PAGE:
This may confirm suspicions that many of us have already had. Besides leading the world in consumer debt and military spending, the U.S. can now add climate denial to that list. That is, according to a Global Trends survey by the U.K.-based market research firm Ipsos MORI. The study polled 16,000 people in 20 leading countries on eight different topics, including the environment. Not only was the U.S. last, but it was last by a considerable margin.
Atlantic Ocean warming linked to Pacific trade winds
August 4, 2014 07:38 AM - Staff ClickGreen, ClickGreen
New research has found rapid warming of the Atlantic Ocean, likely caused by global warming, has turbocharged Pacific Equatorial trade winds. Currently the winds are at a level never before seen on observed records, which extend back to the 1860s. The increase in these winds has caused eastern tropical Pacific cooling, amplified the Californian drought, accelerated sea level rise three times faster than the global average in the Western Pacific and has slowed the rise of global average surface temperatures since 2001.
Study predicts climate change and pollution will combine to impact food production
August 2, 2014 09:50 AM - EcoRI News staff
Many studies have shown the potential for global climate change to cut food supplies. But these studies have, for the most part, ignored the interactions between increasing temperature and air pollution -- specifically ozone pollution, which is known to damage crops. A new study involving researchers at MIT shows that these interactions can be quite significant, suggesting that policymakers need to take both warming and air pollution into account in addressing food security.
Defending against sea level rise could make the problem worse
August 1, 2014 09:12 AM - Harriet Jarlett, Planet Earth Online
A combination of coastal defences and rising sea levels could change typical UK tidal ranges, potentially leading to a higher risk of flooding, say scientists. The researchers wanted to find out how tides around the UK might respond to changes in sea level over the next century depending on the level of coastal defences in place.
CO2 decrease cause of Antarctic ice sheet growth in ice age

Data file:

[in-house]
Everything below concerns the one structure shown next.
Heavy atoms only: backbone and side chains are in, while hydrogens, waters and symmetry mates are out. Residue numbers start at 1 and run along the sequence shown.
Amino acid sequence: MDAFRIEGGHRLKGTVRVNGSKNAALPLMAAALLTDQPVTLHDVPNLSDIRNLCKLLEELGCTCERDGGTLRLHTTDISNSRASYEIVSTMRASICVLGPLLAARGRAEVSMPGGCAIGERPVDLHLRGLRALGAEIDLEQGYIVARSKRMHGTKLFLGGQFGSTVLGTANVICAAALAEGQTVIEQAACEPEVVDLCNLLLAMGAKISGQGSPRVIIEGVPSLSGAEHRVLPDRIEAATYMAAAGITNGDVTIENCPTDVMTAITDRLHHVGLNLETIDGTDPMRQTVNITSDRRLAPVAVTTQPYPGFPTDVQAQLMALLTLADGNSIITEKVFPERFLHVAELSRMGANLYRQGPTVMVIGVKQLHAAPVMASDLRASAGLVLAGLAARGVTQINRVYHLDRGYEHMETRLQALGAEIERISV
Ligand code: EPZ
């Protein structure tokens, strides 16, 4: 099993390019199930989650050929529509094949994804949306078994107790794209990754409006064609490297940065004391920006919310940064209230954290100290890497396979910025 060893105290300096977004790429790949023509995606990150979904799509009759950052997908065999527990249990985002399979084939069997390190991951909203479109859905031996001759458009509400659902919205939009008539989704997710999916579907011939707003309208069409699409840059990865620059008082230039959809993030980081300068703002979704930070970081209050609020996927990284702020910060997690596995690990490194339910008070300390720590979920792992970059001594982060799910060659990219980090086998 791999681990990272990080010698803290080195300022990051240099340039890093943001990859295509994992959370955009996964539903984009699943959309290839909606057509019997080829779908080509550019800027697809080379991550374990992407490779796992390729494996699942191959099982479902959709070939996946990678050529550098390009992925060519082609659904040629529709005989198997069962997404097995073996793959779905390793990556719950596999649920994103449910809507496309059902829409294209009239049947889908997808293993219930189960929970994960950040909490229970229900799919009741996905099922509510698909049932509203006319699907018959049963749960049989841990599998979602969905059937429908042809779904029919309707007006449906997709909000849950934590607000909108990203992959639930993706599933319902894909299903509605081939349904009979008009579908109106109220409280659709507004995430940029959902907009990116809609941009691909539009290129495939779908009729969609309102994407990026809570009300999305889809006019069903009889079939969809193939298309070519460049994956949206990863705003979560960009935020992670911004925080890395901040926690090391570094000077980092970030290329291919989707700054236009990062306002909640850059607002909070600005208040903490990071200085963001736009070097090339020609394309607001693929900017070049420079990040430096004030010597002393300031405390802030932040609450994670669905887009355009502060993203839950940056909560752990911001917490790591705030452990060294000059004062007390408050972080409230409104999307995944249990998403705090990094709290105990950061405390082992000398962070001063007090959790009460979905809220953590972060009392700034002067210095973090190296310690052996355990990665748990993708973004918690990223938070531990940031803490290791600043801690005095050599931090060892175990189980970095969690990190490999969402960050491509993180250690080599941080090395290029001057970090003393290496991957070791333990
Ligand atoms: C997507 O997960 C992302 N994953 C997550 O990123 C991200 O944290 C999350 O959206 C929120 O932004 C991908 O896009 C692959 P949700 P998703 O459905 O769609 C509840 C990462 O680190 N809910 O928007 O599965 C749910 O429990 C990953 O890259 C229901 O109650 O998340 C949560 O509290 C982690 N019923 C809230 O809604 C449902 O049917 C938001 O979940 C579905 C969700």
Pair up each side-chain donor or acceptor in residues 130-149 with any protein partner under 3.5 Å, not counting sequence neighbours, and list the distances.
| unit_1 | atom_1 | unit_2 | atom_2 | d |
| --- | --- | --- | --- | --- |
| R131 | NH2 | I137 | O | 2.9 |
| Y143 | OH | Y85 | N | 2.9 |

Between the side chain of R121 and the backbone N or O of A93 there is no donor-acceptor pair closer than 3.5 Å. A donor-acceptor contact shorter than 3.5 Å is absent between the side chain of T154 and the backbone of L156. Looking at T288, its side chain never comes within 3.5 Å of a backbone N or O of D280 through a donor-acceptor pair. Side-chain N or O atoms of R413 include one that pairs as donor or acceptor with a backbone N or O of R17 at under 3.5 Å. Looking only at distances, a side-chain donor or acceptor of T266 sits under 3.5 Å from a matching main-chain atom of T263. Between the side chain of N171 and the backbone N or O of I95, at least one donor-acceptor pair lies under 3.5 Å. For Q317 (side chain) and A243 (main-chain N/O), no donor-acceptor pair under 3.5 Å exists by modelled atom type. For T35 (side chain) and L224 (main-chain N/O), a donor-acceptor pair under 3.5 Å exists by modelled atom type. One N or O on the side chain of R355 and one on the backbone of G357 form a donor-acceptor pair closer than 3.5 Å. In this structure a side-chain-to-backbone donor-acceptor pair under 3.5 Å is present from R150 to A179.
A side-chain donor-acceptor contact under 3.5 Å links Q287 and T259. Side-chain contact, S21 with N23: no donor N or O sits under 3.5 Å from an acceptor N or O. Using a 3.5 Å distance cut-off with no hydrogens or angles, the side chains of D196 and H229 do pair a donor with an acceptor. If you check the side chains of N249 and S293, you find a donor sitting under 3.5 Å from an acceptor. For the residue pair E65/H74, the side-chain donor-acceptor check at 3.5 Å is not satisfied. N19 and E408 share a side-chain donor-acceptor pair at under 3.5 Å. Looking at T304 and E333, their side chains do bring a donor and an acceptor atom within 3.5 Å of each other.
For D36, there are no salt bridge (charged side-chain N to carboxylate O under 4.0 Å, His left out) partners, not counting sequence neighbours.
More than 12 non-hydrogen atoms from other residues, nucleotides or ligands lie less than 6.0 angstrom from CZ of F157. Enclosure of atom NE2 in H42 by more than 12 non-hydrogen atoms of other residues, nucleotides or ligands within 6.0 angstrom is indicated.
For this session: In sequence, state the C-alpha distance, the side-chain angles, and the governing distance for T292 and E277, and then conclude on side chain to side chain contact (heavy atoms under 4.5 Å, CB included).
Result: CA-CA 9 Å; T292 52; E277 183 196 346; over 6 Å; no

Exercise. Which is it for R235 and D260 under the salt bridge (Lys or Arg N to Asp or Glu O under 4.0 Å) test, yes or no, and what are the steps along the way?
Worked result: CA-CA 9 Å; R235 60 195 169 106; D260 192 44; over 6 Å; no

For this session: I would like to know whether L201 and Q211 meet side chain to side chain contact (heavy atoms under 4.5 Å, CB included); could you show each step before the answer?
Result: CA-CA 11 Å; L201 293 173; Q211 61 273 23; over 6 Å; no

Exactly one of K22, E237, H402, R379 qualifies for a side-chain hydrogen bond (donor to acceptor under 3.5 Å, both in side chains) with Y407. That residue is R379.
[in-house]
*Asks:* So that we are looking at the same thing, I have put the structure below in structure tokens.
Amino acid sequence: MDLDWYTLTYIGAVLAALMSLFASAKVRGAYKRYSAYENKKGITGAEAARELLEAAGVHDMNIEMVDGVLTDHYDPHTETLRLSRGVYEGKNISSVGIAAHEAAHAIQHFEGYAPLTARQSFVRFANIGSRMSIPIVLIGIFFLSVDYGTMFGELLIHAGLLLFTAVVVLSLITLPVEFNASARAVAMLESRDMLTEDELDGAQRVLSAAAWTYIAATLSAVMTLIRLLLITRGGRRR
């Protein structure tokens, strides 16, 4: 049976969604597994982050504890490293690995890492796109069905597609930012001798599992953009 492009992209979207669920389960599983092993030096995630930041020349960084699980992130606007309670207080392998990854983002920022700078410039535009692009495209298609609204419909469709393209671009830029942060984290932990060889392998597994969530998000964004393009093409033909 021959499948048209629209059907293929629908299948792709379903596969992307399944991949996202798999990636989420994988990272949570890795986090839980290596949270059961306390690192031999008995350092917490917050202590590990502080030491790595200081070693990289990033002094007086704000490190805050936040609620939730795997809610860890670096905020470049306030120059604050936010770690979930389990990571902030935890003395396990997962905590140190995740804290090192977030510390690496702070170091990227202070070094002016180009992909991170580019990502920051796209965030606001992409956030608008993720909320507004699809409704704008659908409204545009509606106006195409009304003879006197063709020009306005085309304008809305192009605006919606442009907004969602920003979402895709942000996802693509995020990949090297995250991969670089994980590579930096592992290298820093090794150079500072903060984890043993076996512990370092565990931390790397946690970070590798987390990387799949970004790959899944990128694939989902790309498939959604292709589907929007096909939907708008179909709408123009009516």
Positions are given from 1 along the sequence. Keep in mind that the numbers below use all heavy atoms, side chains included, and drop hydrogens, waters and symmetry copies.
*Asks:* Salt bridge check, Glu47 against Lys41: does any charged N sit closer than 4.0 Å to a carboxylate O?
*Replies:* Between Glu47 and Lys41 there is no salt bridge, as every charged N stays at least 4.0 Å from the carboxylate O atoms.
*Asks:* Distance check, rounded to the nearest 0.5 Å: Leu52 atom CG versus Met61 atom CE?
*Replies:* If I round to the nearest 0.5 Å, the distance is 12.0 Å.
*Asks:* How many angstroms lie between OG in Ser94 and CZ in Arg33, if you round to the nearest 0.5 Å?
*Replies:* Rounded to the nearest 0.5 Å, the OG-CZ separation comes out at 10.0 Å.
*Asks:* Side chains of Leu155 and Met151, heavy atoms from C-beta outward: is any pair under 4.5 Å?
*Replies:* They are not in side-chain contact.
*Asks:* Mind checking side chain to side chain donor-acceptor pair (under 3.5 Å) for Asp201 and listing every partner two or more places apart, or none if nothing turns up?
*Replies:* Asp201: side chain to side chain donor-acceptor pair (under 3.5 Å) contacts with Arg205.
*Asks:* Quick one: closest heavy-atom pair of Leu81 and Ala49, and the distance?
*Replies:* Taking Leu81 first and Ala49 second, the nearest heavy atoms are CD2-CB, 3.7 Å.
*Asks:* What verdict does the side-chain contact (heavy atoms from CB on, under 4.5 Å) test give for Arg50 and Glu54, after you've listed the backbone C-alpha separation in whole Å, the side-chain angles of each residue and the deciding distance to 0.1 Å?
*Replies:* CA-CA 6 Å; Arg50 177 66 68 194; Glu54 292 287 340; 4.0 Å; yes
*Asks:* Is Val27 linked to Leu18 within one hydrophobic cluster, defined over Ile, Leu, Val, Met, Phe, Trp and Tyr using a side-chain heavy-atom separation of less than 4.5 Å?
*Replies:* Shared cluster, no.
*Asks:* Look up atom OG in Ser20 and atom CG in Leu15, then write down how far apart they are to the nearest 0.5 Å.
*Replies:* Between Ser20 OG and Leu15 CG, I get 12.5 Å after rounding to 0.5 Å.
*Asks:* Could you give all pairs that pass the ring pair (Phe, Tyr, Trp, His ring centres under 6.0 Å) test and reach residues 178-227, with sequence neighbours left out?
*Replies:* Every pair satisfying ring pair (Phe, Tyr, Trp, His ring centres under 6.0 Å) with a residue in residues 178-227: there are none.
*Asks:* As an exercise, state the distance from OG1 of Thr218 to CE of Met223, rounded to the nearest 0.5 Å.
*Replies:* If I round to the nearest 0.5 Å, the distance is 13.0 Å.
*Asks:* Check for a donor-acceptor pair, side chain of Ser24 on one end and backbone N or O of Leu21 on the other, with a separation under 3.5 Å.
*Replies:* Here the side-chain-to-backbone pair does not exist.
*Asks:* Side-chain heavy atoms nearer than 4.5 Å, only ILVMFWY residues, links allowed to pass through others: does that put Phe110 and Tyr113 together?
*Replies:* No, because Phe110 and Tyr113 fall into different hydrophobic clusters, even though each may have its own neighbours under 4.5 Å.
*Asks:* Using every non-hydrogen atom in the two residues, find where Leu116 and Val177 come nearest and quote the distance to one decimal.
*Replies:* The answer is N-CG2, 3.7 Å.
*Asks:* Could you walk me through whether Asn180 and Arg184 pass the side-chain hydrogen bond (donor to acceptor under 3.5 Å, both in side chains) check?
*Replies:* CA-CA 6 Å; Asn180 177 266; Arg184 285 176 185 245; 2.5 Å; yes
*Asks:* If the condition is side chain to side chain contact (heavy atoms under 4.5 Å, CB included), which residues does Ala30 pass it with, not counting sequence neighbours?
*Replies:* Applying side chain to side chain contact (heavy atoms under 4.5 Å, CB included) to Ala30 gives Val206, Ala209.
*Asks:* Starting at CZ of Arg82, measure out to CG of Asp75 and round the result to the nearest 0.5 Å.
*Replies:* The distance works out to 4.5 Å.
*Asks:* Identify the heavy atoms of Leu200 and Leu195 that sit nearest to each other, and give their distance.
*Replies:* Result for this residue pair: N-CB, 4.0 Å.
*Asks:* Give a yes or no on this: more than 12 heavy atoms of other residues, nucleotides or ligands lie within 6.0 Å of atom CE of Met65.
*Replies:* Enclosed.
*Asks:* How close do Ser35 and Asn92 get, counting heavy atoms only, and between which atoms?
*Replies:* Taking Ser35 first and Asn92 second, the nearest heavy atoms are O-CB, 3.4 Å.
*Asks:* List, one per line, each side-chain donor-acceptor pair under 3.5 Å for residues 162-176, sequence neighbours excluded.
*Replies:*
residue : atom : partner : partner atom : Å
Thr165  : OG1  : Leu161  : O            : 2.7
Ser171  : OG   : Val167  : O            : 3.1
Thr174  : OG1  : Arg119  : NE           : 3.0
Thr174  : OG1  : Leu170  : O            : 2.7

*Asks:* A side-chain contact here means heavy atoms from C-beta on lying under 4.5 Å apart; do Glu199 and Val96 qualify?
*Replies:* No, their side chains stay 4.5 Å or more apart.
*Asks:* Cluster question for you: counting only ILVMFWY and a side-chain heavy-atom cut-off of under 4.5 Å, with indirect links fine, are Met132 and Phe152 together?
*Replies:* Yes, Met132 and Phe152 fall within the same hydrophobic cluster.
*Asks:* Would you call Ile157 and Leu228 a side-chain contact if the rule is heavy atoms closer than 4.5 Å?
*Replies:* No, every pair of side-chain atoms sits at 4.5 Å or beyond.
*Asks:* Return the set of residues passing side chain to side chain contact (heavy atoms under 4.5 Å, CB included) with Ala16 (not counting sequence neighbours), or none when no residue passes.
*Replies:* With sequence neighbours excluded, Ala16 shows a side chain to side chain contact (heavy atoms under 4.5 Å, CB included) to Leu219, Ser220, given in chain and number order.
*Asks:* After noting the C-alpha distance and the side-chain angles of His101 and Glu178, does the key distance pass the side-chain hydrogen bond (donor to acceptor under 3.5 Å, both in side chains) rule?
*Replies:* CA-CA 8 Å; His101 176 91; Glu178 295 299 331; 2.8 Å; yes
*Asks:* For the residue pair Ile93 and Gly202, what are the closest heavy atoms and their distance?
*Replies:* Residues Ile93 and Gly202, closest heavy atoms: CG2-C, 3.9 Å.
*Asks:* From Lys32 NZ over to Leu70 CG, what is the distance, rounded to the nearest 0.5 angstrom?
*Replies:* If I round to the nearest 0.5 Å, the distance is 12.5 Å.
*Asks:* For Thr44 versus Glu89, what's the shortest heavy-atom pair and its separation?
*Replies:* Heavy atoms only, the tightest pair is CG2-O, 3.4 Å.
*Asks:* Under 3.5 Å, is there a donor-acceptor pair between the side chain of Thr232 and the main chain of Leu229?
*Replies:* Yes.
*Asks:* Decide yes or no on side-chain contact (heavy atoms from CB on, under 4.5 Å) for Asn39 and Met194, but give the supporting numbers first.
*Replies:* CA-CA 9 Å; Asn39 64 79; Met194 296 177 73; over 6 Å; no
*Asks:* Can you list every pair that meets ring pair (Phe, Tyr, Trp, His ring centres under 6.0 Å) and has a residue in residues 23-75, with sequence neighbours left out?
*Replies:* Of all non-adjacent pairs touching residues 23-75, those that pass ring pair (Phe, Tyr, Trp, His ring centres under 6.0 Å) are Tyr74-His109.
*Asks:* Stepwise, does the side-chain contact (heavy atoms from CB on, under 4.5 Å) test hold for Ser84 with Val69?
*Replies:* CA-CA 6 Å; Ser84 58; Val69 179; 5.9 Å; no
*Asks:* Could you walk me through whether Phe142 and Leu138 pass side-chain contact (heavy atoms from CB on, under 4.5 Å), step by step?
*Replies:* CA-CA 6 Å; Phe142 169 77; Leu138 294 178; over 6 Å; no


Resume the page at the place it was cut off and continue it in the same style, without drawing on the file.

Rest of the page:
July 31, 2014 06:15 AM - University of New Hampshire via ScienceDaily
Climate modelers from the University of New Hampshire have shown that the most likely explanation for the initiation of Antarctic glaciation during a major climate shift 34 million years ago was decreased carbon dioxide (CO2) levels. The finding counters a 40-year-old theory suggesting massive rearrangements of Earth's continents caused global cooling and the abrupt formation of the Antarctic ice sheet. It will provide scientists insight into the climate change implications of current rising global CO2 levels. In a paper published today in Nature, Matthew Huber of the UNH Institute for the Study of Earth, Oceans, and Space and department of Earth sciences provides evidence that the long-held, prevailing theory known as "Southern Ocean gateway opening" is not the best explanation for the climate shift that occurred during the Eocene-Oligocene transition when Earth's polar regions were ice-free.
Catching Waves in the Arctic
July 30, 2014 08:52 AM - University of Washington
As the climate warms and sea ice retreats, the North is changing. An ice-covered expanse now has a season of increasingly open water that is predicted to extend across the whole Arctic Ocean before the middle of this century. Storms thus have the potential to create Arctic swell — huge waves that could add a new and unpredictable element to the region. A University of Washington researcher made the first study of waves in the middle of the Arctic Ocean, and detected house-sized waves during a September 2012 storm. The results were recently published in Geophysical Research Letters.